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postgraduate thesis: A disciplinary model of the asylum process : case studies from the United Kingdom and Hong Kong

TitleA disciplinary model of the asylum process : case studies from the United Kingdom and Hong Kong
Authors
Advisors
Issue Date2016
PublisherThe University of Hong Kong (Pokfulam, Hong Kong)
Citation
Kochhar-Gerge, C. S.. (2016). A disciplinary model of the asylum process : case studies from the United Kingdom and Hong Kong. (Thesis). University of Hong Kong, Pokfulam, Hong Kong SAR.
AbstractWhilst the custom of asylum has long historical roots, the use of legal and administrative tools to determine individual protection claims is a relatively recent development. The question of whether an asylum-seeker qualifies for refugee status or complementary protection is today one of the most complex and politically sensitive decisions required of any government. Much of this controversy stems from the fact that the asylum process is torn between competing and seemingly contradictory policy demands. On the one hand, the process must respect the rights afforded to refugees and asylum-seekers under international law. Whilst on the other, it is under intense political pressure to simultaneously act as a mechanism of immigration control. In negotiating these tensions, many developed jurisdictions have radically tightened their asylum procedures. Indeed, recent years have seen a discernible drift towards mechanisms that place political and administrative expedience over substantively fair procedures. Through in-depth analysis of the UK’s accelerated asylum procedures and Hong Kong’s non-refoulement screening process, this thesis explores two contrasting mechanisms that purport to high standards of fairness, yet in practice reject virtually every claim received. The study unpicks this apparent paradox and considers how current practice in both jurisdictions might be reformed to achieve more equitable outcomes. The mechanisms selected for analysis serve to exemplify this work’s central claim that the asylum process has strayed from its original protective purpose and is now increasingly set up as a disciplinary mechanism of immigration control. From a normative standpoint this is disconcerting, since asylum decision-making ought to embody humanitarian values and employ procedures that give full and fair effect to international protection obligations. This study is noteworthy in that it employs Mashaw’s models of administrative justice to evaluate the competing values at play within the case studies examined. An important finding of this work is that Mashaw’s bureaucratic, legal and professional models are insufficient to explain the decision-making practices encountered. This is because Mashaw’s framework struggles to convey the impact of recent exclusionary leanings. The thesis contends that a supplementary model is required to fully make sense of this swing towards restrictionist procedures. In articulating a disciplinary model of the asylum process the study breaks new ground in conceptualising the way governments use the asylum process as a means of mass refusal and instrument of deterrence and control. The new model also serves as a general analytical tool to assist policy-makers perceive situations whereby a decision process is at risk of abandoning its original function.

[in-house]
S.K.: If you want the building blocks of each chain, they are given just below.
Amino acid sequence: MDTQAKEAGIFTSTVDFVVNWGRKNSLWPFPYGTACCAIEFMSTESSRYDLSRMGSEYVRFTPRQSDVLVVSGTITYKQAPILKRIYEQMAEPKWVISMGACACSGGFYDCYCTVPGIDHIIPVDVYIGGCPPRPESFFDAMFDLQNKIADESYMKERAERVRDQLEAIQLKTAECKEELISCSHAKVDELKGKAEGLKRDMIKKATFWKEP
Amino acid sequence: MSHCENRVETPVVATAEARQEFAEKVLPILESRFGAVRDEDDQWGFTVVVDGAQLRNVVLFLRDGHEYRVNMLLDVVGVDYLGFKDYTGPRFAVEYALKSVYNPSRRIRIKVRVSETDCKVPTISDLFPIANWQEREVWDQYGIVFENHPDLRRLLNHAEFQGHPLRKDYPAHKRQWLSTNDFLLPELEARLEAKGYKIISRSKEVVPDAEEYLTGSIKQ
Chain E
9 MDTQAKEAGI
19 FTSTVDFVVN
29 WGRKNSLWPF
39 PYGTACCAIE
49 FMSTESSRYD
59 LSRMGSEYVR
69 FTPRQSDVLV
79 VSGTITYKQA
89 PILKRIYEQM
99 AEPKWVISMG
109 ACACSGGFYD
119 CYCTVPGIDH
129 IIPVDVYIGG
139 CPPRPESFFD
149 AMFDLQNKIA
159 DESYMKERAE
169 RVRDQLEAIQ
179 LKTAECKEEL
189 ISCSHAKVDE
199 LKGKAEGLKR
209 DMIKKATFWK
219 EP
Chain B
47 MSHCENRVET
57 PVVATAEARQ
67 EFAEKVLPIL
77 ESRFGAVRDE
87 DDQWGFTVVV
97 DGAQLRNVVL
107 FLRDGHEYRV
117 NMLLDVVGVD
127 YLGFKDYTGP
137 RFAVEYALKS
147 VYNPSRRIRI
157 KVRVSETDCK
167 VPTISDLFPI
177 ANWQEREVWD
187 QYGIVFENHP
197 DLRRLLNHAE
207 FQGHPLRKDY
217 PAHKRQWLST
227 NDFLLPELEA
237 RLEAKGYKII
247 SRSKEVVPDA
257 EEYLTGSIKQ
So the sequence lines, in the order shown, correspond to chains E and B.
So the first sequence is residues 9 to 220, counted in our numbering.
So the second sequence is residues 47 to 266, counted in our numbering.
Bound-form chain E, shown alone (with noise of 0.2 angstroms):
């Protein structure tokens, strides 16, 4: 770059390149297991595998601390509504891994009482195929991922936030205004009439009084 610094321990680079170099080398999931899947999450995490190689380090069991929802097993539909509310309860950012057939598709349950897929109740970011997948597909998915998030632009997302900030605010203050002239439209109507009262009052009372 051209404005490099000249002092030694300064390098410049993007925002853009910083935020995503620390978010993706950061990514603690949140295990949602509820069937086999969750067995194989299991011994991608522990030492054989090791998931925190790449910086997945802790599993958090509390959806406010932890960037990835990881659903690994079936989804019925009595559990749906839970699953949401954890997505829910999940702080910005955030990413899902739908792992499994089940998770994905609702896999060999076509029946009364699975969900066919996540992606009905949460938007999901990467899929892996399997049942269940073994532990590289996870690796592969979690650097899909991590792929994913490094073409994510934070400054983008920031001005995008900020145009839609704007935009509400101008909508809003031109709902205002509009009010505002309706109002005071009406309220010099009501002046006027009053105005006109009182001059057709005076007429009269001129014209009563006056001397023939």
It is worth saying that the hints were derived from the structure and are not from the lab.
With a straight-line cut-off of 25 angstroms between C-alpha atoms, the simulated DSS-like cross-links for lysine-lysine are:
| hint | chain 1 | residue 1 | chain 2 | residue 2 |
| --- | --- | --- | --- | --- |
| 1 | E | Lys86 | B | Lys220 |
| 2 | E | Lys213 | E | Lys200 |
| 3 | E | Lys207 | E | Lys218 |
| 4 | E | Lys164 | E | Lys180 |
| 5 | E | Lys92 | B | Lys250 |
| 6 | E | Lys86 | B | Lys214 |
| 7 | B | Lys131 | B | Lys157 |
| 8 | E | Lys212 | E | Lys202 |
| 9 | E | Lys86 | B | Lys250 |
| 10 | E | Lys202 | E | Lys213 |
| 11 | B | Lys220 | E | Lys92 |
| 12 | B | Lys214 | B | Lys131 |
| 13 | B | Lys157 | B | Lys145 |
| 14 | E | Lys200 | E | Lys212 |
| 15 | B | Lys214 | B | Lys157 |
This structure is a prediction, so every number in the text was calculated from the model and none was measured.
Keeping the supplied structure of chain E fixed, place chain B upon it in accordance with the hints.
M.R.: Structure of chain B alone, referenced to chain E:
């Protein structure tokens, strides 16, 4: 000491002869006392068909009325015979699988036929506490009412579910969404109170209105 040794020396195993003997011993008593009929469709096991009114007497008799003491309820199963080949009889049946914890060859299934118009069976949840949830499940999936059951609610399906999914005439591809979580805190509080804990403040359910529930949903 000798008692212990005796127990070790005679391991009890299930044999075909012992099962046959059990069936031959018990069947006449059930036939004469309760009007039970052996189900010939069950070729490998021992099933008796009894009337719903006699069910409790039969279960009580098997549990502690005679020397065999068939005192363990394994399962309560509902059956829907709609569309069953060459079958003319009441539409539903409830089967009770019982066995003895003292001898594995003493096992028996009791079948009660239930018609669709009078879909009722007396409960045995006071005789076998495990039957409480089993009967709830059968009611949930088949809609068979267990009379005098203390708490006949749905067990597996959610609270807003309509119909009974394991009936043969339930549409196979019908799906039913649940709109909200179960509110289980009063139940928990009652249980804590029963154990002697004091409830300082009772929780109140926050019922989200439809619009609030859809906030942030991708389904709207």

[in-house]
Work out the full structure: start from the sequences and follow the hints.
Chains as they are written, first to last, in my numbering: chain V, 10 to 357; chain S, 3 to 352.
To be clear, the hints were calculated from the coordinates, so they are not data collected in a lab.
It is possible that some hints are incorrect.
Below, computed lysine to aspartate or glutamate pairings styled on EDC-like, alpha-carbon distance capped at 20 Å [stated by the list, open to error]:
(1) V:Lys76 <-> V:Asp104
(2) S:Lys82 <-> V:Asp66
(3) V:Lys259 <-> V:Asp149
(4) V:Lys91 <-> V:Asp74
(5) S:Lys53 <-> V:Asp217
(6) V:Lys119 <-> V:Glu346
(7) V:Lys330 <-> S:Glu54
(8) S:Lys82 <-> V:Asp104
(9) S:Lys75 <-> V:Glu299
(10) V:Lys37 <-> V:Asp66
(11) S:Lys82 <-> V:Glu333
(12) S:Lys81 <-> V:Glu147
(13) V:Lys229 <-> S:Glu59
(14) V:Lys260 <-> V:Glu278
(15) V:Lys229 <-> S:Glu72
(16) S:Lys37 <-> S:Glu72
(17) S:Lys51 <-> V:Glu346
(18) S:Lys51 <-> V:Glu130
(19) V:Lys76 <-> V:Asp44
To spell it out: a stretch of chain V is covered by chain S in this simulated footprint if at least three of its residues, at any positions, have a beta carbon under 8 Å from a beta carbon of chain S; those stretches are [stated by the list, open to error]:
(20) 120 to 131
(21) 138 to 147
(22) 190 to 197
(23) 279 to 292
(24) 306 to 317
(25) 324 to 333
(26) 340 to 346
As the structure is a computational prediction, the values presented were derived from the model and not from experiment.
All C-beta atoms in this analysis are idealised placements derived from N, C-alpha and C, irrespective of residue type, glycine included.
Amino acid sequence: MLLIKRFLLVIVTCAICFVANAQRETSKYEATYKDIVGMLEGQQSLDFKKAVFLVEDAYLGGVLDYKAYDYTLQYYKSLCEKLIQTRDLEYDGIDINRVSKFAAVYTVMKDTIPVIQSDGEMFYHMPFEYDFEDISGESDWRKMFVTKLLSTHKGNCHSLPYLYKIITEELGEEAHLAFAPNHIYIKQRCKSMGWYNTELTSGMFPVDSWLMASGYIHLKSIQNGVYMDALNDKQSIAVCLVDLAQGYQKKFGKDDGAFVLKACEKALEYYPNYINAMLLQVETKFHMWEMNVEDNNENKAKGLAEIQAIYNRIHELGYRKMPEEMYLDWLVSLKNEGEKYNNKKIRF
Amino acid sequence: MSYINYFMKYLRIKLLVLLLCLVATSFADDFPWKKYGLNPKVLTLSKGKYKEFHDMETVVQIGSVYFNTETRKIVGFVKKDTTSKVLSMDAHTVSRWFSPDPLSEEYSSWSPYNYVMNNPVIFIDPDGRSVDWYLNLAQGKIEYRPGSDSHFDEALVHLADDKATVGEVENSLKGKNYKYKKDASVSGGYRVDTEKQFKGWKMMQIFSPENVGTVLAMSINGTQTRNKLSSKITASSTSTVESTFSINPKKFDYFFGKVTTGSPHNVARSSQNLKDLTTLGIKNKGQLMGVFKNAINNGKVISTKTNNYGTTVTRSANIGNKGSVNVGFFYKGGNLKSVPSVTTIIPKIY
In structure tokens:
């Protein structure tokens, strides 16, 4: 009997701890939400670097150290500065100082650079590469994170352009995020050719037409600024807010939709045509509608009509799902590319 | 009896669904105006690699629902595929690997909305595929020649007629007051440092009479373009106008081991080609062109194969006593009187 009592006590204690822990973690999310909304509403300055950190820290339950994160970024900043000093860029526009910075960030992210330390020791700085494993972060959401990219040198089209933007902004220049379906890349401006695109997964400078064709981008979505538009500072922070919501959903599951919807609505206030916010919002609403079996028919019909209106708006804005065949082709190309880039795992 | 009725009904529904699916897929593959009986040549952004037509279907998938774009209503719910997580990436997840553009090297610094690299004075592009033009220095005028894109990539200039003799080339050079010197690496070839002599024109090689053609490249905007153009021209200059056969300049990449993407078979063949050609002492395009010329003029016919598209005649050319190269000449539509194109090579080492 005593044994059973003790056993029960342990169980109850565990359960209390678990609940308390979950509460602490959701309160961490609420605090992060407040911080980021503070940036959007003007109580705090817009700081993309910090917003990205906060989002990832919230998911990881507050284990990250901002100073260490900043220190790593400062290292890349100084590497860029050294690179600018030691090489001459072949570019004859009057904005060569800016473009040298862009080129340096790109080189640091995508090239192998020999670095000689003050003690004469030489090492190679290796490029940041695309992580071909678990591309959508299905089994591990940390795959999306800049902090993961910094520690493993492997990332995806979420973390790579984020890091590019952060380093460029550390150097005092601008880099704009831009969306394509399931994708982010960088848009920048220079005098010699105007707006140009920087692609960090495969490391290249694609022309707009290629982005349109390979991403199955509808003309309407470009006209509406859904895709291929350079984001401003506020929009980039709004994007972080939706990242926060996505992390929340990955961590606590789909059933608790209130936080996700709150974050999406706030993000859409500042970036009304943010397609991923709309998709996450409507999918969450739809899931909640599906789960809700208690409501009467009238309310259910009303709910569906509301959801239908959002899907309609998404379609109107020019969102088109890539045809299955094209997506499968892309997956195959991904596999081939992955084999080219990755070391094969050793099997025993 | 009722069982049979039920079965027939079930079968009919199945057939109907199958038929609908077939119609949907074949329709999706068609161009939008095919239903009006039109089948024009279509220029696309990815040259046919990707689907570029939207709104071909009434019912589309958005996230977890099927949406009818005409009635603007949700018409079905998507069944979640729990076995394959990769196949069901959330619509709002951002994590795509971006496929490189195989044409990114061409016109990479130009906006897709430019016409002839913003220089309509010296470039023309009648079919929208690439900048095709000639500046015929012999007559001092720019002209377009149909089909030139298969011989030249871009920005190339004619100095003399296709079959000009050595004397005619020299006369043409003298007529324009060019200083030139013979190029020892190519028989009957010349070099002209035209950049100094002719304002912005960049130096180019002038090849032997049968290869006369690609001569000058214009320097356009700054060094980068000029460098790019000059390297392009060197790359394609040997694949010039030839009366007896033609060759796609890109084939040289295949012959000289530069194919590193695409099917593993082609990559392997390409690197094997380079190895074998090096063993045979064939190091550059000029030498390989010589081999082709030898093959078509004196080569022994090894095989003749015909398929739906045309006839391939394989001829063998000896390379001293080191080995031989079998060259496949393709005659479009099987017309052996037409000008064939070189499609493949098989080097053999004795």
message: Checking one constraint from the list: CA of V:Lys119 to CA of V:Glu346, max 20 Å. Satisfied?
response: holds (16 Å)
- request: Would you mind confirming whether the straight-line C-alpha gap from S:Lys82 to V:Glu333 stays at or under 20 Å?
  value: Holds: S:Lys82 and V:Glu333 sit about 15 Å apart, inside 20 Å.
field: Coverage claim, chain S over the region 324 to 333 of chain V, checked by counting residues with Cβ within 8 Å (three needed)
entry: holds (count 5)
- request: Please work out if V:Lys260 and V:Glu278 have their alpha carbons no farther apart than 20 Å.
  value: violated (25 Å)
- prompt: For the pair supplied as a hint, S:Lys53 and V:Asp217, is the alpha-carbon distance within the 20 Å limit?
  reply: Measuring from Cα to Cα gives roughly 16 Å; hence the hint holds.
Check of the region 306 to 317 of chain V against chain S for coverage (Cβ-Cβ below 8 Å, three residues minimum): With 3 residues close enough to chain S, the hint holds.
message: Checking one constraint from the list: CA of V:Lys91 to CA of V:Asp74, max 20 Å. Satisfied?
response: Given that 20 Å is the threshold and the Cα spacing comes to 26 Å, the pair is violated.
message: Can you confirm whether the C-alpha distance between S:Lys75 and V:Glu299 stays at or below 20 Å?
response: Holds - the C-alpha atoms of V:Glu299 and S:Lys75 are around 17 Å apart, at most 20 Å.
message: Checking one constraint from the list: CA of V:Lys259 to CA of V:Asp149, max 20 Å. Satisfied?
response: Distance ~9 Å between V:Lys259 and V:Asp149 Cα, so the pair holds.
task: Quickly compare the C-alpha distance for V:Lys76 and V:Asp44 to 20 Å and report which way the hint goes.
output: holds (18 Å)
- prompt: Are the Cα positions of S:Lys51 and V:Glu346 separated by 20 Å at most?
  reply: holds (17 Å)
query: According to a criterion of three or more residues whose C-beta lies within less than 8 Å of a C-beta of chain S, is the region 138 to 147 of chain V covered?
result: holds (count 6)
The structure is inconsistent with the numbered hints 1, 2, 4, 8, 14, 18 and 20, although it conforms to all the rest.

DegreeDoctor of Philosophy
SubjectAsylum, Right of - China - Hong Kong
Asylum, Right of - Great Britain
Dept/ProgramLaw
Persistent Identifierhttp://hdl.handle.net/10722/268391

 

DC FieldValueLanguage
dc.contributor.advisorYoung, SNM-
dc.contributor.advisorLoper, KA-
dc.contributor.authorKochhar-Gerge, Che Singh-
dc.date.accessioned2019-03-21T00:55:06Z-
dc.date.available2019-03-21T00:55:06Z-
dc.date.issued2016-